Unwanted Advances
Sexual Paranoia Comes to Campus
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272 pages / / 9781788732574

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Feminism is broken: the current attempts to protect women from sexual abuse on campus and online have failed. Regulation is replacing education, and a woman’s hard-won right to be treated as a consenting adult is being repealed by well-meaning bureaucrats.

Unwanted Advances is an investigation that begins when contrarian feminist Laura Kipnis becomes the object of a protest march by student activists at her university after writing an essay about sexual paranoia on campus. The experience leads her to question women’s roles in national debates over free speech, “safe spaces,” and modern sexual mores. Kipnis argues for more honesty, presenting a timely critique of feminist paternalism and the covert sexual conservatism of hook-up culture.


“Above all else, though, Unwanted Advances is necessary. Argue with the author, by all means. But few people have taken on the excesses of university culture with the brio that Kipnis has. Her anger gives her argument the energy of a live cable.”

“A bracing book, its message delivered with fierce intelligence and mordant humor.”

“A persuasive and valuable contribution to the continuing debate over how to deal with sexual assault on college campuses.”

“This book is harrowing; this book is hilarious (like Dorothy Parker channeling Franz Kafka); but the main thing it is is BRAVE. On top of which, it is urgently necessary.”

“A revelation: a great work of investigative journalism and a thorough examination of a case that feels like it couldn’t happen in America … Kipnis makes you fear for a whole new set of reasons.”

“Chilling, shocking, meticulously reported, eminently readable, and in places perversely hilarious … most of all it is a crucial piece of a burgeoning conversation about threats to free speech and intellectual freedom on college campuses … Kipnis’s voice is as clarion as her insights are astute.”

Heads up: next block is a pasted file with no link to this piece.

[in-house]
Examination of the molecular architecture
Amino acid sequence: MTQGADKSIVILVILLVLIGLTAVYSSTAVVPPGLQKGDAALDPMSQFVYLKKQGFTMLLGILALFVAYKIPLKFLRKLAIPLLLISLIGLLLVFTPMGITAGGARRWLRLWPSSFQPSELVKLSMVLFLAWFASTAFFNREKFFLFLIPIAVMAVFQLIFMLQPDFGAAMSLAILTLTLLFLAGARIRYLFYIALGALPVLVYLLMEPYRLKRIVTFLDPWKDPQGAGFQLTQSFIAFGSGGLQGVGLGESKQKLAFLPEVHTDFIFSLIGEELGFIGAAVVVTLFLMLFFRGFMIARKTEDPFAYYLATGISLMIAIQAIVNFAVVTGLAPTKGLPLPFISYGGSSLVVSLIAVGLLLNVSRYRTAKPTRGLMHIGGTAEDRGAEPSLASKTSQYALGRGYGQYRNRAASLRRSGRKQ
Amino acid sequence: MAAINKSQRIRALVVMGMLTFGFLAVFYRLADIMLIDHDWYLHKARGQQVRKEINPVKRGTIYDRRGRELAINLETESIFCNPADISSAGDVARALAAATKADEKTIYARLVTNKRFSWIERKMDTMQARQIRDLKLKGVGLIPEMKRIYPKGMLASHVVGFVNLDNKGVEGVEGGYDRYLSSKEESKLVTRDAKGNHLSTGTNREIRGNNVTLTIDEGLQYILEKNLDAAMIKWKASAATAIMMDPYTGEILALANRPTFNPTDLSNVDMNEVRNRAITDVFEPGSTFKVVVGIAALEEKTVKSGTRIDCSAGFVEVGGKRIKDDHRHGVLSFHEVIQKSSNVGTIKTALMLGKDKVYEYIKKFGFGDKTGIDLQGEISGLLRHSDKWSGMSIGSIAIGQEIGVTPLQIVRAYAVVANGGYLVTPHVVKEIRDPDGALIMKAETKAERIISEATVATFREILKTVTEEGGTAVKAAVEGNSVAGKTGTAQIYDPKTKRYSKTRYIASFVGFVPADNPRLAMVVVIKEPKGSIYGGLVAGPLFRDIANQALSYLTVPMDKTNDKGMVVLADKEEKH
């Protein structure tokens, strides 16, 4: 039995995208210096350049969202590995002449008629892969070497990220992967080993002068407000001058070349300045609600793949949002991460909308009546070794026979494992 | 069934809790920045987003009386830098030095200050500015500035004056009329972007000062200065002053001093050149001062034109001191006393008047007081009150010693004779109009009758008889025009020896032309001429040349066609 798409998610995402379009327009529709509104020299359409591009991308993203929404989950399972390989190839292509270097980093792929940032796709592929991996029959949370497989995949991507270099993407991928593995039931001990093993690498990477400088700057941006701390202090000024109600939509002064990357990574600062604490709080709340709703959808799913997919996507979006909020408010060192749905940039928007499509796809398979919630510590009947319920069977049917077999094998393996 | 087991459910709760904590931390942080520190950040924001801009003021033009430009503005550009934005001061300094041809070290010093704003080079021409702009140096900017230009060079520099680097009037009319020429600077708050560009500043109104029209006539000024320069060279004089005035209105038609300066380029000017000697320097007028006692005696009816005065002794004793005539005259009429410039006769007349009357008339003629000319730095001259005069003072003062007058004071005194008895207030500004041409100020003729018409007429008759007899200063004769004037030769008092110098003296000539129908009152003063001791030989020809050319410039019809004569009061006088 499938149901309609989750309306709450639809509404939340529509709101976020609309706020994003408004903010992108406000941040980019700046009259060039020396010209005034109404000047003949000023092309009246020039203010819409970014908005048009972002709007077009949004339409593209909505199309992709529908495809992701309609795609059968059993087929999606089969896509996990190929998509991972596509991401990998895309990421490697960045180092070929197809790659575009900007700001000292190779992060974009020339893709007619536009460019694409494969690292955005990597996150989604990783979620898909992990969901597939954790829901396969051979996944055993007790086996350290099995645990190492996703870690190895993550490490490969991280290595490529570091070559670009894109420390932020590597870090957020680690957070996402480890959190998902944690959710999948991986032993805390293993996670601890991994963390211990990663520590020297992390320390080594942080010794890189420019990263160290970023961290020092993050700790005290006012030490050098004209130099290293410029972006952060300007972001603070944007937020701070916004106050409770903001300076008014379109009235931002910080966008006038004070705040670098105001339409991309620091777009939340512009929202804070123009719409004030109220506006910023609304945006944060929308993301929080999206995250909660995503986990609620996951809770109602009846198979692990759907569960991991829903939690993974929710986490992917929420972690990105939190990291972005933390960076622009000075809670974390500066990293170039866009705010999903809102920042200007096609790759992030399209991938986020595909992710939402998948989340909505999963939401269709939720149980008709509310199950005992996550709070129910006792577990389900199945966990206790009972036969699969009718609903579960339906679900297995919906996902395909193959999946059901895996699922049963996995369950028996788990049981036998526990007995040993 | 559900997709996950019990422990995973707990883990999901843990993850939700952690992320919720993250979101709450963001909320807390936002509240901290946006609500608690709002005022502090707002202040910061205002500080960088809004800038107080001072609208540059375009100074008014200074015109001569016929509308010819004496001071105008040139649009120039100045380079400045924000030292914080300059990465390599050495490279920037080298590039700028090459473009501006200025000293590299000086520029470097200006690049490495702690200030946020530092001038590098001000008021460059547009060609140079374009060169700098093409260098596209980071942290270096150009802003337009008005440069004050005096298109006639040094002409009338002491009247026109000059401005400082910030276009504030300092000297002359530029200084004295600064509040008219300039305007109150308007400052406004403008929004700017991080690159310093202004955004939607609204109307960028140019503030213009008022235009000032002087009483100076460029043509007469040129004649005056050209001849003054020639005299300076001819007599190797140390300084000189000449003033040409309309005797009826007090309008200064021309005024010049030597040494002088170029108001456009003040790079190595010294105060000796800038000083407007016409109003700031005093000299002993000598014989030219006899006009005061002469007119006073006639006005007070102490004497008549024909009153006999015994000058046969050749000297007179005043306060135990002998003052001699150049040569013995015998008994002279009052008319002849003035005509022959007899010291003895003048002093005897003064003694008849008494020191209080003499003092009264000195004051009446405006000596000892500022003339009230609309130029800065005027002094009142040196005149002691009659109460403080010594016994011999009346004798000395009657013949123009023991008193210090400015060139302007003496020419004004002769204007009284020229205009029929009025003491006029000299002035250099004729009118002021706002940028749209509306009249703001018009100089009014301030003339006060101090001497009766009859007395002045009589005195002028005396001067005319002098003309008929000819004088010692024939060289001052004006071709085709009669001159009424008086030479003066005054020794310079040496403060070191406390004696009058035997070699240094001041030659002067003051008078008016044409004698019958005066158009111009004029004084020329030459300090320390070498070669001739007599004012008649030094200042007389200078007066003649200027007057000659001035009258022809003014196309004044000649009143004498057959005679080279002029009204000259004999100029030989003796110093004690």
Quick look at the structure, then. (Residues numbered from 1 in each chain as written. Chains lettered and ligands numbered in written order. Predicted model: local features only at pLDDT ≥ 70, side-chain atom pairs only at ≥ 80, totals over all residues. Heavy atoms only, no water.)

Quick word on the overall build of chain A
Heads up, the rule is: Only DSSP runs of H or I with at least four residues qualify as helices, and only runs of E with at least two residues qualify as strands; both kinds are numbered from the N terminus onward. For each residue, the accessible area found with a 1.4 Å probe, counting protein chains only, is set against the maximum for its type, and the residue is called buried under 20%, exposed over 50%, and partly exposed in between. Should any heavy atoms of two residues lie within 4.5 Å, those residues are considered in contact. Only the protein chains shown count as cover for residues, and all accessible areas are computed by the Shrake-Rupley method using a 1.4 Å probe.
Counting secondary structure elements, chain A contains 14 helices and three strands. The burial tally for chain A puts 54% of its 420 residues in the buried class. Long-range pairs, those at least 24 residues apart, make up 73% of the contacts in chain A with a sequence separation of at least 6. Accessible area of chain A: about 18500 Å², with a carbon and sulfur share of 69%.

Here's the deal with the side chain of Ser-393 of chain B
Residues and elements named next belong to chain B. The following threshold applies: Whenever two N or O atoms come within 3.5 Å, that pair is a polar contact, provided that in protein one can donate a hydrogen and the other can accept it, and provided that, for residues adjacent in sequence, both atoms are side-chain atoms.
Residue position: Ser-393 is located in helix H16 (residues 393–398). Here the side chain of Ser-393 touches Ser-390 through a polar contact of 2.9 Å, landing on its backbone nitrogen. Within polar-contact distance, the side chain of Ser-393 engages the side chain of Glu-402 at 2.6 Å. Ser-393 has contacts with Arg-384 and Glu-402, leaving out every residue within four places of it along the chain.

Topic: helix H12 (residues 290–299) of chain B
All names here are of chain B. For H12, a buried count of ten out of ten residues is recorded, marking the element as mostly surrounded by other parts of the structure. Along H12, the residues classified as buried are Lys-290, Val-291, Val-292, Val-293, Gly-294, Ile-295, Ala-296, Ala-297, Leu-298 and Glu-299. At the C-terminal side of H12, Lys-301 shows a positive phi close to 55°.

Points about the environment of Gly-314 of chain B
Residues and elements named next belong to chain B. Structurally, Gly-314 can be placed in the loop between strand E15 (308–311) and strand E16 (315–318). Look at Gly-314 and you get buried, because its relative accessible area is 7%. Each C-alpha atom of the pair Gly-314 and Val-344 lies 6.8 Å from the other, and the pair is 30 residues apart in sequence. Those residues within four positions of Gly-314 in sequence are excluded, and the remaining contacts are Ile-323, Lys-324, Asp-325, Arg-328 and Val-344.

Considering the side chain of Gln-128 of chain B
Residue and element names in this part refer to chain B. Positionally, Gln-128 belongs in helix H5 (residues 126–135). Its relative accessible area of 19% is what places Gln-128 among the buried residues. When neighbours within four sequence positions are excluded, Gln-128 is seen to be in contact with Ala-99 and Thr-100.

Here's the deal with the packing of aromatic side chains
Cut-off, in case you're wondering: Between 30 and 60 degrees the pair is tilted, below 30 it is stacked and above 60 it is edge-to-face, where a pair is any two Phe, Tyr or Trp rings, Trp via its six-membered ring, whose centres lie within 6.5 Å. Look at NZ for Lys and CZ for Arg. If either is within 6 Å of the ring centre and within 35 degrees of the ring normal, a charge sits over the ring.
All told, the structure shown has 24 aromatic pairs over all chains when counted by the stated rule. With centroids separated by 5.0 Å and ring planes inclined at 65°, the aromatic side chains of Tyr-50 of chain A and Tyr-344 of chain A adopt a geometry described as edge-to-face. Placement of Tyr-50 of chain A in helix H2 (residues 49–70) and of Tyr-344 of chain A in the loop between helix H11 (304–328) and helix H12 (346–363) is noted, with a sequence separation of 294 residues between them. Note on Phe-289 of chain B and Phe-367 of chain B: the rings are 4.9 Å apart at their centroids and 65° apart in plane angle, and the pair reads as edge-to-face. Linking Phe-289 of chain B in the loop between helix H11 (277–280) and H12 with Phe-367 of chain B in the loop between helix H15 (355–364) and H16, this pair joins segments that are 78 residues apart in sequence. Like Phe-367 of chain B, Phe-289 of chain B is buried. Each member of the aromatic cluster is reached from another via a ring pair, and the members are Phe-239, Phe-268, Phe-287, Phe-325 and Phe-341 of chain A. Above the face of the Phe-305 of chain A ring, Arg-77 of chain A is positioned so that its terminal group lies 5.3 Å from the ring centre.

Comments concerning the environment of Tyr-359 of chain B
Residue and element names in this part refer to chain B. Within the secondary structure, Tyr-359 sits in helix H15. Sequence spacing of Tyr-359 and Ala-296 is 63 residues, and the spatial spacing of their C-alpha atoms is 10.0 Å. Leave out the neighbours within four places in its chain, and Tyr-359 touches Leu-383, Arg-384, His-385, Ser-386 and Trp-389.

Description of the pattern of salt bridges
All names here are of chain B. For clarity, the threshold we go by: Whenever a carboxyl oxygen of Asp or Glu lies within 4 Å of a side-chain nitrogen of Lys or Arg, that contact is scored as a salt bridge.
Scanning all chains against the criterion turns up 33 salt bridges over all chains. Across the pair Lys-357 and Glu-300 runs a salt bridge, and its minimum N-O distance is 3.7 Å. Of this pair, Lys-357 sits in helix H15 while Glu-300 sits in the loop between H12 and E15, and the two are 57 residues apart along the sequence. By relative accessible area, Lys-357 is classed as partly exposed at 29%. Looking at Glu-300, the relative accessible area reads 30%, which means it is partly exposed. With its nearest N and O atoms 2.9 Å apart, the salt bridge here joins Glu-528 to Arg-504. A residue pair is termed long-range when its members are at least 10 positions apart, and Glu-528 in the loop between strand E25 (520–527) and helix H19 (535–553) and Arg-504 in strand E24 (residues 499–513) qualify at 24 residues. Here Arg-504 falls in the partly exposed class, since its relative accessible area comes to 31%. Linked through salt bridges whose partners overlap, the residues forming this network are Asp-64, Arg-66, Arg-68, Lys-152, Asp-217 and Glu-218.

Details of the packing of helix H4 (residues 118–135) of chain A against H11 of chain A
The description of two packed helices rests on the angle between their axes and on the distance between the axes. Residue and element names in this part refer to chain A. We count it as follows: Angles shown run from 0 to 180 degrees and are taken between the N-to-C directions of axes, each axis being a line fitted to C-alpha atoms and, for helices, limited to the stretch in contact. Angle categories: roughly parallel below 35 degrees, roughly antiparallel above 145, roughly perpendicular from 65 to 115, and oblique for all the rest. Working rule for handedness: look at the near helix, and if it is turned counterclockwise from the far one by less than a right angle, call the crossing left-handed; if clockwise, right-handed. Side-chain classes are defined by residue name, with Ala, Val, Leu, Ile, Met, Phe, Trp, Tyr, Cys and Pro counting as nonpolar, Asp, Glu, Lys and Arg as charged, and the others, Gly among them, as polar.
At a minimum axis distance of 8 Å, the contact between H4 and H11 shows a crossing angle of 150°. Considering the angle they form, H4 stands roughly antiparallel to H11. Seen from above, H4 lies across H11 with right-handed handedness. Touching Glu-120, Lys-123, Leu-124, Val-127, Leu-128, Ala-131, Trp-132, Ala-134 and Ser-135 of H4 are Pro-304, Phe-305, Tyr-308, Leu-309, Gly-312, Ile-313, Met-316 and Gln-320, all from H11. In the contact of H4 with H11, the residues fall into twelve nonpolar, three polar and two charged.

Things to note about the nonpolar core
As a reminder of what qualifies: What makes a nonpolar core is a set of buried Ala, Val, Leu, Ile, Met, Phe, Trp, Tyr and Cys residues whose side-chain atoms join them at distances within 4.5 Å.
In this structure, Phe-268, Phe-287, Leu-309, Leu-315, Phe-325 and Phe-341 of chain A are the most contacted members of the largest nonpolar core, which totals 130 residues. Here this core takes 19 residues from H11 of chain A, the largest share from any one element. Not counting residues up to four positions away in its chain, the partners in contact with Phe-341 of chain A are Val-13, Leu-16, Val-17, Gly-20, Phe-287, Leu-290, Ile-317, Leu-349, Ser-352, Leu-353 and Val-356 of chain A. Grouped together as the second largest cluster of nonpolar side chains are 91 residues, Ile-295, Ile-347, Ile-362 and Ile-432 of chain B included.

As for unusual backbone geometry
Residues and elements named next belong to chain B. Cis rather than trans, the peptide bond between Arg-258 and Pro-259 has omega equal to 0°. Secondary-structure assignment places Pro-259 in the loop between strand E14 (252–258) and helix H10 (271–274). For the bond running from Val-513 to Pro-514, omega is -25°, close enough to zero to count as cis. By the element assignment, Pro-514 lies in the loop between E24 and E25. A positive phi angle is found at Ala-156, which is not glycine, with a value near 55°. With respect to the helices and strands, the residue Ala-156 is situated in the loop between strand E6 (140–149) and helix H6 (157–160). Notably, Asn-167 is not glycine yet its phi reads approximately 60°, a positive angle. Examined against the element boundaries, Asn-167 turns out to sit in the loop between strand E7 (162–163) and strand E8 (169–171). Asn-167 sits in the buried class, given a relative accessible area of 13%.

“Kipnis is everything the academic bureaucrats she writes about are not: brave, honest, judicious, mature, and self-aware, with a seasoned understanding of both sexual politics and campus politics. She has struck a mighty blow for sanity, equality, and academic freedom.”

“A brave, disturbing, yet scrupulously fair book: a brilliant and pragmatic manifesto for a kind of ‘adult’ feminism that rejects the campus cult of female victimhood.”

“A wry, pragmatic analysis … The greatest pleasure Unwanted Advances affords comes from Kipnis’s keen sense of human psychology.”

“Riveting read … a bracing book, its message delivered with fierce intelligence and mordant humor.”

“Clarity of expression and the uncompromising vehemence of her thoughts make Kipnis the best polemical investigator writing today, which both sells her short and raises an unexpected question: how come reading her, however uncomfortable or complex the subject, is always such a tremendous pleasure?”

“Rather brilliant.”

“Laura Kipnis is a hero. She has written a book that will benefit many while bringing all kinds of grief upon her.”

“The author’s trenchant yet witty analysis reveals how the entrance of university administrators, each with his or her own agendas and vendettas, rendered a complex situation even murkier and more byzantine … As in all her books, Kipnis is consistently provocative and intelligent.”

“Courageous, thought-provoking … Without diminishing the gravity of sexual assault, Kipnis’s readable and judiciously reported work illustrates how the ‘sex-as-danger preoccupation on campuses now’ is infantilizing women rather than empowering them.”

“A bracing book, its message delivered with fierce intelligence and mordant humor.”

“Teaches us another important lesson about how to confront pressing issues without foreclosing engaging argumentation, constraining critical distance or letting the discourse devolve into moralizing.”

“It’s hard to imagine an objective reader finishing Unwanted Advances and not having her mind changed, if she has up to now accepted the mainstream version we’ve been reading in the news: that Title IX is a necessary tool to safeguard women who have been sexually assaulted … A clarion call for both men and women to recognize the reality of female autonomy that feminism has always argued for, and that today’s campus culture threatens to eclipse.”

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